During Romero’s beatification in 2015, at the moment when he was declared Blessed, a rainbow appeared in the sky. It was a sign of what he had remarked just days before his death: “As a Christian, I do not believe in death without resurrection. If they kill me, I will be reborn in the Salvadoran people”.
Clarke and Ford were Maryknoll Sisters, Kazel was an Ursuline nun and Donovan was a lay woman who had decided to leave her job with Arthur Anderson in Cleveland, Ohio, and join the Maryknoll lay missionary team in El Salvador.
These four churchwomen were working with poor women, children and families. Dorothy and Jean worked in the port town of La Libertad on the Pacific Coast. Maura and Ita worked in Chalatenango in the north. As the Civil War was fought in the countryside, flocks of war orphans and refugees streamed towards the cities in search of safety, water, protection and shelter. The Churchwomen were living in true solidarity with the people – doing all that they could to help protect and serve those in need.
Reviewing Jean Donovan’s personal journal, it is clear that the women understood that the same violence that was destroying the Salvadoran society could quickly target them, as well.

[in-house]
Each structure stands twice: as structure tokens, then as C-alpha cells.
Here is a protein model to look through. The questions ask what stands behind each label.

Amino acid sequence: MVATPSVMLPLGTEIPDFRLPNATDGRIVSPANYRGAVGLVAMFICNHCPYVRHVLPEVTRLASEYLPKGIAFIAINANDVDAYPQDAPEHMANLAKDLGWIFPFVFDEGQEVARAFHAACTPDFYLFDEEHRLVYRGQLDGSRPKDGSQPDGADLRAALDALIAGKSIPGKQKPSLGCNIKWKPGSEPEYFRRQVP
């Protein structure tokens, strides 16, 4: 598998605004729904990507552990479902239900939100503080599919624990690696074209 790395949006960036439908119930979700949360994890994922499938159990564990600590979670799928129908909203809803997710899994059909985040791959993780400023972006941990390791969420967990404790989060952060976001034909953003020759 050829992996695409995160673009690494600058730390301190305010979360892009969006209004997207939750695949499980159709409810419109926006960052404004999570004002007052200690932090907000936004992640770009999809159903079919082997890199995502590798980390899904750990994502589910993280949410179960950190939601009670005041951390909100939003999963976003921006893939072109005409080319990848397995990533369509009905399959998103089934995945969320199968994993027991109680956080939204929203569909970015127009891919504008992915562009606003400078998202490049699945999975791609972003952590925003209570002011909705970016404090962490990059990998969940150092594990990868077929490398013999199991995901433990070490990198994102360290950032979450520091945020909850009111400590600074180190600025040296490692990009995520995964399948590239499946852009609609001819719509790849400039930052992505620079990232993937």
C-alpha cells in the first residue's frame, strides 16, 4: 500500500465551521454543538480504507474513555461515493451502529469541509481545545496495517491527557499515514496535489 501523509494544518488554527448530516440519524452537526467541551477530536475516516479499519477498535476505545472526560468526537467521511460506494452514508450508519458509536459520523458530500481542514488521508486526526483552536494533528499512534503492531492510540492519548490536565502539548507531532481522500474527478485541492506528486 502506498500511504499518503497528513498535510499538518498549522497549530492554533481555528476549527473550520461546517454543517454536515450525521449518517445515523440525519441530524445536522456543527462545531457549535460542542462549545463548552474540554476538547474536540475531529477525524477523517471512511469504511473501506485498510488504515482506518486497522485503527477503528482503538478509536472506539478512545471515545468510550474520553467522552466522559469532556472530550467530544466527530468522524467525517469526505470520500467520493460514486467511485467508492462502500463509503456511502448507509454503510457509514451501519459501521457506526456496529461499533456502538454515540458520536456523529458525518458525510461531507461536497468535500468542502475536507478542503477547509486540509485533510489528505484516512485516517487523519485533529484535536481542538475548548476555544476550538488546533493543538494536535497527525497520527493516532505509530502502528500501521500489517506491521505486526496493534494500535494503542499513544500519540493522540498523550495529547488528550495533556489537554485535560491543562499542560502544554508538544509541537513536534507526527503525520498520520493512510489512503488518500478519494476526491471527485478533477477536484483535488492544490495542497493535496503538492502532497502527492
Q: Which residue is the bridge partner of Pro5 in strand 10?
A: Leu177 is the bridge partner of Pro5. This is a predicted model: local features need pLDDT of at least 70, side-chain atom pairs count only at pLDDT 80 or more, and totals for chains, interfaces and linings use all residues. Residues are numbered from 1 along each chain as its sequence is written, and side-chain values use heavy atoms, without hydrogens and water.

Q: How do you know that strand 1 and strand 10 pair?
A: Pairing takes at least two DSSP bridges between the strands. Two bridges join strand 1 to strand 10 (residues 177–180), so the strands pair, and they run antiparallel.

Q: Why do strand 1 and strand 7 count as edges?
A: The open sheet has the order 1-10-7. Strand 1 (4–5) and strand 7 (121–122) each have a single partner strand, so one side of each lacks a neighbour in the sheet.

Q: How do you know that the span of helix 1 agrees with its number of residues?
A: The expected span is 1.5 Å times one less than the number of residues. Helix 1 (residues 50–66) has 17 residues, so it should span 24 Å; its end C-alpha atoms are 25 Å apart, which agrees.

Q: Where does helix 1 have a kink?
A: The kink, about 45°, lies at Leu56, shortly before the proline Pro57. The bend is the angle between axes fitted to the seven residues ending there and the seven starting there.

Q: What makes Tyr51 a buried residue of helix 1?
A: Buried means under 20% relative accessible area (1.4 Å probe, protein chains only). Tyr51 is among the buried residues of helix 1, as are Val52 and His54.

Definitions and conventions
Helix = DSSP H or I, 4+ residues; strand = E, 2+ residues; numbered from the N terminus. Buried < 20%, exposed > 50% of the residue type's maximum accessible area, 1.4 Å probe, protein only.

The military would dump bodies in the street waiting to see who claimed them – then, they would target those friends and relatives, as well.
Back in the USA, the women’s families were concerned for their safety. They pleaded with the women to leave but they would not abandon the Salvadoran people. Jean Donovan famously wrote that she would leave “except for the children, the poor, bruised victims of this insanity. Who would care for them? Whose heart could be so staunch as to favor the reasonable thing in a sea of their tears and loneliness? Not mine, dear friend, not mine.”
On December 2nd, 1980, Maura and Ita were returning from a seminar in Nicaragua. Jean and Dorothy had taken the mini-van to pick up their friends at the airport. Upon leaving the airport, the Salvadoran military pulled them over and took them to a desolate area where they were raped, murdered and buried in a shallow grave.
A local farmer had heard the gun shots and risking his own life, went to see what had happened. He found the hastily made graves and notified the local priest who called CLAM member Father Paul Schindler who drove from the Port of La Libertad to this remote location and ordered the exhumation of the bodies and identified his murdered friends.